Dutch Parties Haven’t Lost Popularity in Pollution Crisis

Dutch prime minister Mark Rutte listens to questions from lawmakers in parliament in The Hague, September 22, 2011
Dutch prime minister Mark Rutte listens to questions from lawmakers in parliament in The Hague, September 22, 2011 (RIjksoverheid/Evert-Jan Daniels)

Dutch prime minister Mark Rutte appears to weathering what he has described as the worst political crisis in his nine years in power.

Rutte’s four-party government is beset by protests from builders and farmers against far-reaching plans to reduce nitrogen oxide pollution.

In a bid to cut emissions, the daytime speed limit on Dutch highways is set to be reduced from 130 to 100 kilometers per hour, a measure that is hugely unpopular in Rutte’s car-friendly liberal party.

Yet it is still faraway the largest in the polls and hasn’t gone down since the pollution crisis began. Read more

Happy Little Country

View of the Netherlands from the air
View of the Netherlands from the air (Skitterphoto)

The Dutch are happier than ever. Austerity is over. The immigration crisis has receded from the headlines. The government this week announced €3 billion in tax cuts and is planning a long-term investment fund worth up to €50 billion. Support for anti-establishment parties is down. Just 16 percent want to leave the EU anymore. Read more

Dutch Ruling Parties Negotiate Two Extra Senate Seats

Dutch prime minister Mark Rutte greets Lithuanian president Dalia Grybauskaitė in The Hague, June 21, 2017
Dutch prime minister Mark Rutte greets Lithuanian president Dalia Grybauskaitė in The Hague, June 21, 2017 (Presidency of Lithuania/Robertas Dačkus)

The ruling parties in the Netherlands have managed to win an extra two seats in the Senate, giving them more room for negotiation with opposition parties.

The projection was that the four parties in Prime Minister Mark Rutte’s coalition win would thirty out of 75 seats in the upper chamber, which would have made them dependent on the Greens to pass legislation.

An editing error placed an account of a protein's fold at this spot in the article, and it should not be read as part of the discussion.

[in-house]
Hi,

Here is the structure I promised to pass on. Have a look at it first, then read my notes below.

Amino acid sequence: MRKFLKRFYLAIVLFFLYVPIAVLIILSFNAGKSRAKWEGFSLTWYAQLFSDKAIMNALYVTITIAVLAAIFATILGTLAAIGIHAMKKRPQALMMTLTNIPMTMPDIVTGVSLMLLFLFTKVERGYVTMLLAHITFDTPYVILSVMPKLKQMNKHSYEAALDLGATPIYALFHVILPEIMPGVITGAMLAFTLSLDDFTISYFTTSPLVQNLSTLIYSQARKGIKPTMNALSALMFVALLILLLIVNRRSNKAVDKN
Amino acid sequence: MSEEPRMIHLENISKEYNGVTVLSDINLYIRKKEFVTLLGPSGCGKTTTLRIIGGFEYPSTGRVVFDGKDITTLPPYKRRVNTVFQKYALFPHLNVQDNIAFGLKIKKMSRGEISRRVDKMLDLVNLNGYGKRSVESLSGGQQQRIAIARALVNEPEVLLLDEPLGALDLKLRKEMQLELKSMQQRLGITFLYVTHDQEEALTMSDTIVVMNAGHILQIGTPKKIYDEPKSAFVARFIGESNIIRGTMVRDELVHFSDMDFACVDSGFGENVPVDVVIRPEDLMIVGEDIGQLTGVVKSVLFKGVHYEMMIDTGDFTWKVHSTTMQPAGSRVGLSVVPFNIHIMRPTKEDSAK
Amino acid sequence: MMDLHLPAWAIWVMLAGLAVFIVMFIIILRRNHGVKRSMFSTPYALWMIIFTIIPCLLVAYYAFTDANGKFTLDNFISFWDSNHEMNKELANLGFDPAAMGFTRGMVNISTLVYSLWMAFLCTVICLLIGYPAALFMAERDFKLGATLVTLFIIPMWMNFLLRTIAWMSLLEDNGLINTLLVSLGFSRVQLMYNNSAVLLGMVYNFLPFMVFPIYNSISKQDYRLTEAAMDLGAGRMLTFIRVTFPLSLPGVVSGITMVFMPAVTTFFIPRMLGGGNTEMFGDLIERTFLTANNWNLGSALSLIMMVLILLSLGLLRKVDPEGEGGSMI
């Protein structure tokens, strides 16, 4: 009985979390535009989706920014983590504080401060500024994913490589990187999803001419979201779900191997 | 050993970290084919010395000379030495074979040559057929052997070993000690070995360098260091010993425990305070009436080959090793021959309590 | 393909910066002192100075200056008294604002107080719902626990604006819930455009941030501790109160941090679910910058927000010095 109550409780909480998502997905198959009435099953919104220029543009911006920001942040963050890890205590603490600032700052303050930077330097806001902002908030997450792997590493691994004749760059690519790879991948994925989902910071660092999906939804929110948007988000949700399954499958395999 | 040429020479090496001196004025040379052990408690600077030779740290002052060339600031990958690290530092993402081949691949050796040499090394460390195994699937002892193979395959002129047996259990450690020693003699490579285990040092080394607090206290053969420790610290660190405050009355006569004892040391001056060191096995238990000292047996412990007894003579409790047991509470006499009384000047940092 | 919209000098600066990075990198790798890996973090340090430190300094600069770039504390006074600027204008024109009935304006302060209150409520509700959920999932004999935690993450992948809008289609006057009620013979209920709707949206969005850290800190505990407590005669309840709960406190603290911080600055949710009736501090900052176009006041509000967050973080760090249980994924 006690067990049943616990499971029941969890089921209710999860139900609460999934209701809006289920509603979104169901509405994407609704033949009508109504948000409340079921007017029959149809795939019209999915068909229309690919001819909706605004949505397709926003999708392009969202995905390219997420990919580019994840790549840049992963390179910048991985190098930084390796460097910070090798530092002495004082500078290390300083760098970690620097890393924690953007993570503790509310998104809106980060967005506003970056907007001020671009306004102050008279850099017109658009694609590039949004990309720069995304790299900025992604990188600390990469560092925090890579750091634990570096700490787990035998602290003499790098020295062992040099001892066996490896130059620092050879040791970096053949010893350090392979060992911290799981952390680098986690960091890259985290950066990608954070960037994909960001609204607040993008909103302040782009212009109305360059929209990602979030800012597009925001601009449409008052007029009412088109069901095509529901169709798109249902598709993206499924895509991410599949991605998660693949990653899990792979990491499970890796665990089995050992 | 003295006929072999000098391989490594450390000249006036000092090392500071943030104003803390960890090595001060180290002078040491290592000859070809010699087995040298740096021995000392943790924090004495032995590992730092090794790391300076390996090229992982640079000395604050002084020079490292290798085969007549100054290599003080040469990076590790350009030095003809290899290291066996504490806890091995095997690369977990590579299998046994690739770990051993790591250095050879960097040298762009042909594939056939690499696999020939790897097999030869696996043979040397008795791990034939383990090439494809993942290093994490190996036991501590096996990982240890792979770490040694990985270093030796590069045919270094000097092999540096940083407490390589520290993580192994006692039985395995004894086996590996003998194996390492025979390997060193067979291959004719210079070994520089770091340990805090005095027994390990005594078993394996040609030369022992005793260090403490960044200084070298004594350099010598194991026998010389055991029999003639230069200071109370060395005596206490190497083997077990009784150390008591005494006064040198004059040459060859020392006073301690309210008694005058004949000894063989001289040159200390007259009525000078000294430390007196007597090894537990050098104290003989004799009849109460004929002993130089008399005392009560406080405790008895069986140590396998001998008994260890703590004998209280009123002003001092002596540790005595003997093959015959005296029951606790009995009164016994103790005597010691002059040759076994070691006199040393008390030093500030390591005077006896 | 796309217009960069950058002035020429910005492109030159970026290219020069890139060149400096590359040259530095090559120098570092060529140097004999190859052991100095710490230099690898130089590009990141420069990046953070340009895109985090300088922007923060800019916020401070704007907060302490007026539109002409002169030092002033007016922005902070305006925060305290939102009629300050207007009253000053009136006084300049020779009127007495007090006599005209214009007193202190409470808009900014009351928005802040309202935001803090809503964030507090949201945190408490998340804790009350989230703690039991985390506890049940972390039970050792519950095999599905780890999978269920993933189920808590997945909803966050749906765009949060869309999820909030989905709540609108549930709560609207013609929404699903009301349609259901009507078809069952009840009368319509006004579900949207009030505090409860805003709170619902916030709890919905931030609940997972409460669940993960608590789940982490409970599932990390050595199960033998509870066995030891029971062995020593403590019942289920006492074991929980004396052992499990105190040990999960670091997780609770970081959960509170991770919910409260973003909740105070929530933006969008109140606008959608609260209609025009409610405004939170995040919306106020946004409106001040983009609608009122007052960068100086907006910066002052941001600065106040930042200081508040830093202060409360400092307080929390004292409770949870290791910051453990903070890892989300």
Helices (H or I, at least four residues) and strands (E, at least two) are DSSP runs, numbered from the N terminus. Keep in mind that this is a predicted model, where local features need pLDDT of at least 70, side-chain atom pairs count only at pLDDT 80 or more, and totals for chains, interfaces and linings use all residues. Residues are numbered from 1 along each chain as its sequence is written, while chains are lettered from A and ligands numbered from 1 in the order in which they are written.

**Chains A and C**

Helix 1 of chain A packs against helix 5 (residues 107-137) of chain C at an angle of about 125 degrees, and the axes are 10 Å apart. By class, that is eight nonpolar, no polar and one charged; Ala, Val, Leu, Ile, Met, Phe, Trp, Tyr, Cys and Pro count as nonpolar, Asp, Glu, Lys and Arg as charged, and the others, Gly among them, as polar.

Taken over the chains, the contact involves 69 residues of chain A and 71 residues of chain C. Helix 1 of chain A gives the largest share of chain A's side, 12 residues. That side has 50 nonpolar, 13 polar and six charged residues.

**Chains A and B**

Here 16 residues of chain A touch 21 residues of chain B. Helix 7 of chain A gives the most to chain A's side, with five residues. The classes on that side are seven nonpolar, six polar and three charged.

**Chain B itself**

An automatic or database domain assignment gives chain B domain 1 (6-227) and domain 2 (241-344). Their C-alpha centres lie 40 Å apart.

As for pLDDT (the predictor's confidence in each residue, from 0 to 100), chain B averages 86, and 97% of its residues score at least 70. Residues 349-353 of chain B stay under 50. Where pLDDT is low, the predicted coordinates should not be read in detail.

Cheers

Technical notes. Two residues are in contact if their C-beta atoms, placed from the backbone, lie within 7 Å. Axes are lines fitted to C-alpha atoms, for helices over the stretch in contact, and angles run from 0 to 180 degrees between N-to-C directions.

Now that they have 32, they can also do deals with the Labor Party, which has six. Read more

Dutch Voters Punish Euroskeptics, Give Labor Victory

Flag of the Netherlands
Flag of the Netherlands (Pixabay/Ben Kerckx)

Dutch voters punished Euroskeptic parties of the left and right on Thursday, according to unofficial election results and an exit poll.

The far-right Freedom Party, led by Geert Wilders, and the far-left Socialists would struggle to retain their seats in the European Parliament. The former currently has four, the latter two.

An exit poll conducted by Ipsos gives the two parties one seat each. But voting results from 732 of 9340 polling places suggest neither might qualify at all. The exit poll has a one-seat margin of error.

The official result is not announced until Sunday night, when all the EU’s 28 member states will have voted. But Dutch law requires individual polling places to read out their results on election night. Volunteers for the populist blog GeenStijl tallied the results, which were then analyzed by Ipsos’ competitor, Peil.nl. Read more

Horse-Trading Could Change Balance of Power in Dutch Senate

Dutch senators debate legislation in The Hague
Dutch senators debate legislation in The Hague (ANP)

A week ago, it looked like the ruling parties in the Netherlands had managed to contain their losses in midterm elections.

Although three of the four parties that share power lost support, and the far right posted its best result to date, the government was not expected to become completely dependent on any one opposition party in the Senate.

Now it might after all. Read more

Far Right Fills Gaps Left by Merkel and Rutte

German chancellor Angela Merkel receives Dutch prime minister Mark Rutte in Berlin, May 16
German chancellor Angela Merkel receives Dutch prime minister Mark Rutte in Berlin, May 16 (Bundesregierung)

Mark Rutte has suffered the same fate as his closest ally in Europe, Angela Merkel. Both center-right leaders moved to the middle in a bid for centrist voters only to leave a gap on the right that the far right has filled.

In midterm elections on Wednesday, the Dutch Freedom Party and Forum for Democracy won a combined 21 percent of the votes, their best result to date.

In Germany, support for the Alternative is down a few points in the polls but still at 11-14 percent. Merkel’s Christian Democrats fell from 41.5 to 33 percent between the 2013 and 2017 elections. Read more

Rutte Loses Senate Majority, Gains for Dutch Far Right

Dutch government buildings in The Hague
Dutch government buildings in The Hague (Shutterstock/Michael Regeer)
  • Dutch voters elected provincial deputies on Wednesday, who will elect a new Senate in May.
  • The four parties in Prime Minister Mark Rutte’s ruling coalition are projected to lose their majority in the upper chamber.
  • Far-right partied posted their best result to date, taking 21 percent of the votes. Read more